Wainwright’s writing has, of course, evolved as she has grown older and become a mother. She has changed simply by living. While she was, as she says, extremely autobiographical before, her writing has altered to protect her children in some ways. But, and more important, she says, “I can’t deny myself the need to express myself. As a songwriter, I have to be able to express myself, and it would be crazy to me to not have songs that are about these two people who I care the most about in the world.”
Back in Montreal, in the basement of her brand new cafe, Ursa, serving as a studio, Wainwright got to work. She enlisted the help of Toronto musicians Thom Gill, Phil Melanson and Josh Cole to perform in her band, and producer Pierre Marchand. His best known collaboration is with Sarah McLachlan, producing some of her iconic 90s songs. Marchand also has a familial connection to Wainwright. Marchand produced her brother Rufus’s second album poses as well as Wainwright’s mother and aunt’s record, Heartbeats Accelerating. It was a record made after sometime, much like Wainwright’s gap since Goodnight City, and McGarrigle was the same age that Wainwright is now. It seems like a musical synergy only the late McGarrigle and Wainwright could have.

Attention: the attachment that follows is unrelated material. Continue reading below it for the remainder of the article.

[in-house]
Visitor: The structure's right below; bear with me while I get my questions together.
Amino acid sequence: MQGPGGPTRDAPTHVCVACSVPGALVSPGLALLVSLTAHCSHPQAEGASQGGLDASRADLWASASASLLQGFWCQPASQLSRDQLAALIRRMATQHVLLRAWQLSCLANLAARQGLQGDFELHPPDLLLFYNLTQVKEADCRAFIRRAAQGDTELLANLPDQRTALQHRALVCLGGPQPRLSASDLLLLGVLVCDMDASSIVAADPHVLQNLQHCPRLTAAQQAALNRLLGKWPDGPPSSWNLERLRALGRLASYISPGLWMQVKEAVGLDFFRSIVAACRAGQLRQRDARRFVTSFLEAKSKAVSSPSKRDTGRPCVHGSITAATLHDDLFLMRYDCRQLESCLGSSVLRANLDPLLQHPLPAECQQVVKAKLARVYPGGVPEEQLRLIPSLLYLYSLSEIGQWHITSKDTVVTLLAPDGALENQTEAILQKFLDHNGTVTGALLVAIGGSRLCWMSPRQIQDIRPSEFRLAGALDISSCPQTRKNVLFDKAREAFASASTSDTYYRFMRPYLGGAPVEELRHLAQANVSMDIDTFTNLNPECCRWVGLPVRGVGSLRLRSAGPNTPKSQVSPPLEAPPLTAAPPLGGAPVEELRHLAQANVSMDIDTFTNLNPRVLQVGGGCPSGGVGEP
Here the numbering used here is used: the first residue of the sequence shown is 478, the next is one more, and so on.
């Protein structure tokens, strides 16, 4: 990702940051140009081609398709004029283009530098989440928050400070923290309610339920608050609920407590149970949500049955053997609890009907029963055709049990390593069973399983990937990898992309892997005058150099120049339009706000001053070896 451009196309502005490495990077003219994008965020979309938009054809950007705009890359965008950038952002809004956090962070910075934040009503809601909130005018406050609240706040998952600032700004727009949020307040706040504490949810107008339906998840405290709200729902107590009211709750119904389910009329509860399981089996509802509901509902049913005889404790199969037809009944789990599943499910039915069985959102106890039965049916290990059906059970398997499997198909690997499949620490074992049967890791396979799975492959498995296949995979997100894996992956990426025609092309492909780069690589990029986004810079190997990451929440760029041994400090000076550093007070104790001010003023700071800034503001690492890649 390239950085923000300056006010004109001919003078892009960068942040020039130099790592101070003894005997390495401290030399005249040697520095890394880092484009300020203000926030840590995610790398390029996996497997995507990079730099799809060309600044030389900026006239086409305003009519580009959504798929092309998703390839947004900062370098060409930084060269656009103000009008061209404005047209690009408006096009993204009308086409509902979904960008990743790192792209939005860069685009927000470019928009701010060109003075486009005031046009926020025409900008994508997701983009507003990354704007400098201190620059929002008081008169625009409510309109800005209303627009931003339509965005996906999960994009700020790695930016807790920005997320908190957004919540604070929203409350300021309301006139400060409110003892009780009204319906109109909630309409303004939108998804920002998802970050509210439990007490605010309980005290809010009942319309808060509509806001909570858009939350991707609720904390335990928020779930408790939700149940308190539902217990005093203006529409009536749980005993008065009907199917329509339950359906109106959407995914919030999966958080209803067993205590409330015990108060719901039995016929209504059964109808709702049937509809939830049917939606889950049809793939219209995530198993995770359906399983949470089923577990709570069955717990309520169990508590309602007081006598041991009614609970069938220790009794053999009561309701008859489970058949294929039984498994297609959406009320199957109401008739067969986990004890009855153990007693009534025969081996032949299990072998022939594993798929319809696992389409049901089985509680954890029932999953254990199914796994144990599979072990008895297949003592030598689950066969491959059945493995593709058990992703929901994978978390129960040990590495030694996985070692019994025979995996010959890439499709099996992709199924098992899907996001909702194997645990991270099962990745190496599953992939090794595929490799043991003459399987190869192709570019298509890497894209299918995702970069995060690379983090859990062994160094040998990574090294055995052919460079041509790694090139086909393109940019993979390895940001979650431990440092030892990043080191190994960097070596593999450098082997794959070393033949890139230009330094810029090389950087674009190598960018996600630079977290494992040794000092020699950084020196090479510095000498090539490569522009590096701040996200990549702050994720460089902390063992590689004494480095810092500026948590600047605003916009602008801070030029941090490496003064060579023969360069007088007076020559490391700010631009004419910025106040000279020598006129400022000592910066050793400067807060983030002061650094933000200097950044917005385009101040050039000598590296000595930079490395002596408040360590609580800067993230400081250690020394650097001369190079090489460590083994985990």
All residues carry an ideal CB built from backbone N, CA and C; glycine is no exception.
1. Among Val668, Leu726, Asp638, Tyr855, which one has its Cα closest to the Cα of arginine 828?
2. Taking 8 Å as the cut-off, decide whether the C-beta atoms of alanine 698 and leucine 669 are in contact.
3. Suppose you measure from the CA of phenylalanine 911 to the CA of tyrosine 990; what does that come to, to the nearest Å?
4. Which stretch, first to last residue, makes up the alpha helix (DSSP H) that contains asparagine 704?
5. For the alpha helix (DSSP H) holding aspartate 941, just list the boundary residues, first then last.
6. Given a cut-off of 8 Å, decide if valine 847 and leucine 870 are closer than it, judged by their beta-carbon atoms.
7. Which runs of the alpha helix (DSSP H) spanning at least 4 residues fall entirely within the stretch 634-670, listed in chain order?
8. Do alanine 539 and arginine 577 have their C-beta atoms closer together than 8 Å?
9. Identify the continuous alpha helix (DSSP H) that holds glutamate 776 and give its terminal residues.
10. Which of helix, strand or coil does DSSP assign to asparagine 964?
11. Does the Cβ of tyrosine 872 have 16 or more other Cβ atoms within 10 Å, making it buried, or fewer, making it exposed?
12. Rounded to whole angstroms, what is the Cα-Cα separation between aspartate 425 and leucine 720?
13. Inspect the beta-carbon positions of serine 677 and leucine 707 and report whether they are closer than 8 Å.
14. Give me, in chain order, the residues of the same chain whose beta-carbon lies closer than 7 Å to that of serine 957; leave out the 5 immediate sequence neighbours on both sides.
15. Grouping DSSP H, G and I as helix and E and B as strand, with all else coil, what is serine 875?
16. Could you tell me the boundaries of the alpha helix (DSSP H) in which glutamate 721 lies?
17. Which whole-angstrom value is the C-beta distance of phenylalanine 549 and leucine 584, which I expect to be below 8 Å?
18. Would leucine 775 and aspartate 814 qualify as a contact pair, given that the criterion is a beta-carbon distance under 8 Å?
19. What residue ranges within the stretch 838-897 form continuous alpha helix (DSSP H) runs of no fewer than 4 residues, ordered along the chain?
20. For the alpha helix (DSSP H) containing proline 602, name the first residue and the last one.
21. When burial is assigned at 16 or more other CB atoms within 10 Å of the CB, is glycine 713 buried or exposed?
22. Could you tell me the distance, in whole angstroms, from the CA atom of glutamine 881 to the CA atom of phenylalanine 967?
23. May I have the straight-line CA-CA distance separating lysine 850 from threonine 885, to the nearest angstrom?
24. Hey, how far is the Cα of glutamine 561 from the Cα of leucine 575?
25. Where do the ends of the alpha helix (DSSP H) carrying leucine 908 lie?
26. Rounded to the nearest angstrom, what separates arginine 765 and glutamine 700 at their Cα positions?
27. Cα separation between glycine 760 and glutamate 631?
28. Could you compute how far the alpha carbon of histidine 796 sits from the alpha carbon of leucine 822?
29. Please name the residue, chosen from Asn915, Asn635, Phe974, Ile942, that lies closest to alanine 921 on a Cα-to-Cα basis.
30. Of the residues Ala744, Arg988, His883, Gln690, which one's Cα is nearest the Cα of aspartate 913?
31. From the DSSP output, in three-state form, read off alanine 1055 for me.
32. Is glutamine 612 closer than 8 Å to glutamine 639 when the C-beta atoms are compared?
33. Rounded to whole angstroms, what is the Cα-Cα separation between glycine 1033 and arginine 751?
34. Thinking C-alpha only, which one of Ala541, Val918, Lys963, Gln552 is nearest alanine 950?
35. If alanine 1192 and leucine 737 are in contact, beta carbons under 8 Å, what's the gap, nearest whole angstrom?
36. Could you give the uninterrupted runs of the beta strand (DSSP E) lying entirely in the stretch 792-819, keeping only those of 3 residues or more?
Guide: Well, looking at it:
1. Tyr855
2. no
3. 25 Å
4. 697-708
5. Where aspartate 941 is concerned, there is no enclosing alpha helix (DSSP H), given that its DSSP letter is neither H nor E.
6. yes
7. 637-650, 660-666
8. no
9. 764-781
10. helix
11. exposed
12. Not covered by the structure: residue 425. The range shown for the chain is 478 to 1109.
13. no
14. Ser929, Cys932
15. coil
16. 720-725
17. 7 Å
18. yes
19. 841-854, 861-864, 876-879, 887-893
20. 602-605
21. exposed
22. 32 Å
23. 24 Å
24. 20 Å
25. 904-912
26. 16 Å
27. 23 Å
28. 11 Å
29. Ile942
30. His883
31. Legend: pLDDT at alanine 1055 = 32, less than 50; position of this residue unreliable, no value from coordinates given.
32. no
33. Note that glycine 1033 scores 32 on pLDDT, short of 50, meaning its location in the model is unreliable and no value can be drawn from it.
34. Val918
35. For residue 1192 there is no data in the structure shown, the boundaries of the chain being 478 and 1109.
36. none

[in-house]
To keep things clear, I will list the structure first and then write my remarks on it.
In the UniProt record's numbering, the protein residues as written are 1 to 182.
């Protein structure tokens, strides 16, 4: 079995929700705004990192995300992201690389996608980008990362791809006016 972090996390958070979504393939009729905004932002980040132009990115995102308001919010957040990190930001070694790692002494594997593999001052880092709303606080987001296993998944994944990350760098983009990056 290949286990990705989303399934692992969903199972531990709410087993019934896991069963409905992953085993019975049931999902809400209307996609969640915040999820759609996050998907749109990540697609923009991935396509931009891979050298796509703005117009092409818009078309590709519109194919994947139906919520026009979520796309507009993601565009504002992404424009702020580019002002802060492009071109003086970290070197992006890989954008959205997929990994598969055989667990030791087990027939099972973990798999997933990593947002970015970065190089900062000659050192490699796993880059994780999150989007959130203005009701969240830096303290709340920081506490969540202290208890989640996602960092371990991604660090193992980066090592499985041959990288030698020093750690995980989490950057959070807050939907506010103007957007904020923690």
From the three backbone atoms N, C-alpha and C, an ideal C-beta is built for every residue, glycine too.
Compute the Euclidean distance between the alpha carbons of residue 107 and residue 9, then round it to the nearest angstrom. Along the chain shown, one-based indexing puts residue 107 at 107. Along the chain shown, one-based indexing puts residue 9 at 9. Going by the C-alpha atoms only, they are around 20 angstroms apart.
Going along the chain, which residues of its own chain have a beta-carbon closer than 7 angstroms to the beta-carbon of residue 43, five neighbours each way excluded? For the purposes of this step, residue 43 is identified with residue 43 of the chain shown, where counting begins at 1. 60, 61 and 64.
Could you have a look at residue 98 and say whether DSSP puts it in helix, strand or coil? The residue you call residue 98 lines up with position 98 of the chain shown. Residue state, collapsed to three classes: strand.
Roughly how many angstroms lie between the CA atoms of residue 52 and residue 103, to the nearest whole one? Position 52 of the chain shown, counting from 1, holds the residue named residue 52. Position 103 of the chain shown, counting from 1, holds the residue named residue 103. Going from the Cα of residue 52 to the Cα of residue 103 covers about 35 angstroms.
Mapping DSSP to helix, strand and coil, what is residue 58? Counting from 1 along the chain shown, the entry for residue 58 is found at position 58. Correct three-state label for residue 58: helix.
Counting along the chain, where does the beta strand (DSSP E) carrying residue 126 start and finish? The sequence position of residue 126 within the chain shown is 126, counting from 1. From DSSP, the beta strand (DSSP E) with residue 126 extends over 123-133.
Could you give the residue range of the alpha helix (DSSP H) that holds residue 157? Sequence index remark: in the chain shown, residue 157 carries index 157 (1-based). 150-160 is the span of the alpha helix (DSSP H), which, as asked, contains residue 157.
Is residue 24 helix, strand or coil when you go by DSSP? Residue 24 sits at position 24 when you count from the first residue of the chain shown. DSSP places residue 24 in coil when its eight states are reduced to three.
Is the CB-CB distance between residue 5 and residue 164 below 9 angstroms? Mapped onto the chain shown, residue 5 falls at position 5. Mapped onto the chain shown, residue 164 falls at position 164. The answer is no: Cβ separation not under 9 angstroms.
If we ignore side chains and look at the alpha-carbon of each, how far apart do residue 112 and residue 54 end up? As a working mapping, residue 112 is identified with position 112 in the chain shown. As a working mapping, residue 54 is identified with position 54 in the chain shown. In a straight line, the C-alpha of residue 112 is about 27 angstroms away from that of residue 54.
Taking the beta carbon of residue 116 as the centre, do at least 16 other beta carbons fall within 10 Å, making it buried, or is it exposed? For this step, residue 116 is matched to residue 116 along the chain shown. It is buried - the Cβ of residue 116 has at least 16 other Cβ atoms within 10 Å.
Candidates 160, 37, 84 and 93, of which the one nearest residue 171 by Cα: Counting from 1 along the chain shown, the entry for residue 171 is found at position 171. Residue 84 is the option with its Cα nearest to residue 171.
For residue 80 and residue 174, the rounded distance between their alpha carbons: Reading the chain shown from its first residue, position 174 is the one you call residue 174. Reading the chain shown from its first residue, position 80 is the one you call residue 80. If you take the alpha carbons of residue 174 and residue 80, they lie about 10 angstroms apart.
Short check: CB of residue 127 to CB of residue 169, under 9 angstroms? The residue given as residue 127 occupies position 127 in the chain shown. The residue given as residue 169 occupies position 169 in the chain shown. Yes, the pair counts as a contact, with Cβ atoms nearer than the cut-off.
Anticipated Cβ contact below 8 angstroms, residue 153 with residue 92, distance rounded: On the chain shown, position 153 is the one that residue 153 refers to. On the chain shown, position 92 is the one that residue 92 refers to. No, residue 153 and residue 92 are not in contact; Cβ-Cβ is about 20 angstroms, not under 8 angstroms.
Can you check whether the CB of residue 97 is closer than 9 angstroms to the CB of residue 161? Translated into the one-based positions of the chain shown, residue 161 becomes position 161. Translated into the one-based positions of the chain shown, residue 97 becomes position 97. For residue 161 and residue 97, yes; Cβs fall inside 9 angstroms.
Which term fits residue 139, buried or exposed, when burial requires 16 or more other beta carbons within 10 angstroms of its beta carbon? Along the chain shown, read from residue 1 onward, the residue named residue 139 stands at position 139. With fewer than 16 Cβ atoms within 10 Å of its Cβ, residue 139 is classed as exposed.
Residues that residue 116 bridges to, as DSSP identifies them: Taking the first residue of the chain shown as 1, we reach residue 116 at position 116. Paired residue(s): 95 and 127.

Like many records, Love Will Be Reborn was made during a global pandemic. But the process, both freeing and infuriating, offered Wainwright a new way of creating. She let go a little more, giving way for Marchand to play around with vocals, emphasizing the beauty in its inherent scratchiness and edge. This record, Wainwright jokes, is her Canadian record, as she’s back in Montreal, working with musicians from Toronto, and Marchand as producer.
Martha Wainwright’s role as an artist has always been to embrace her wildness and sketch out her raw depth. This edge is what makes Wainwright uncompromisingly herself, and continues to draw in an audience two decades on. To begin again does not mean starting over. This process of rebirth honours the past to move forward. Love Will Be Reborn captures Wainwright’s heart in transition. In an effort to rise out of some painful depths, as she says much like a phoenix from the ashes of an existential twilight, Wainwright bore witness to what her heart endured to find a new joy once more.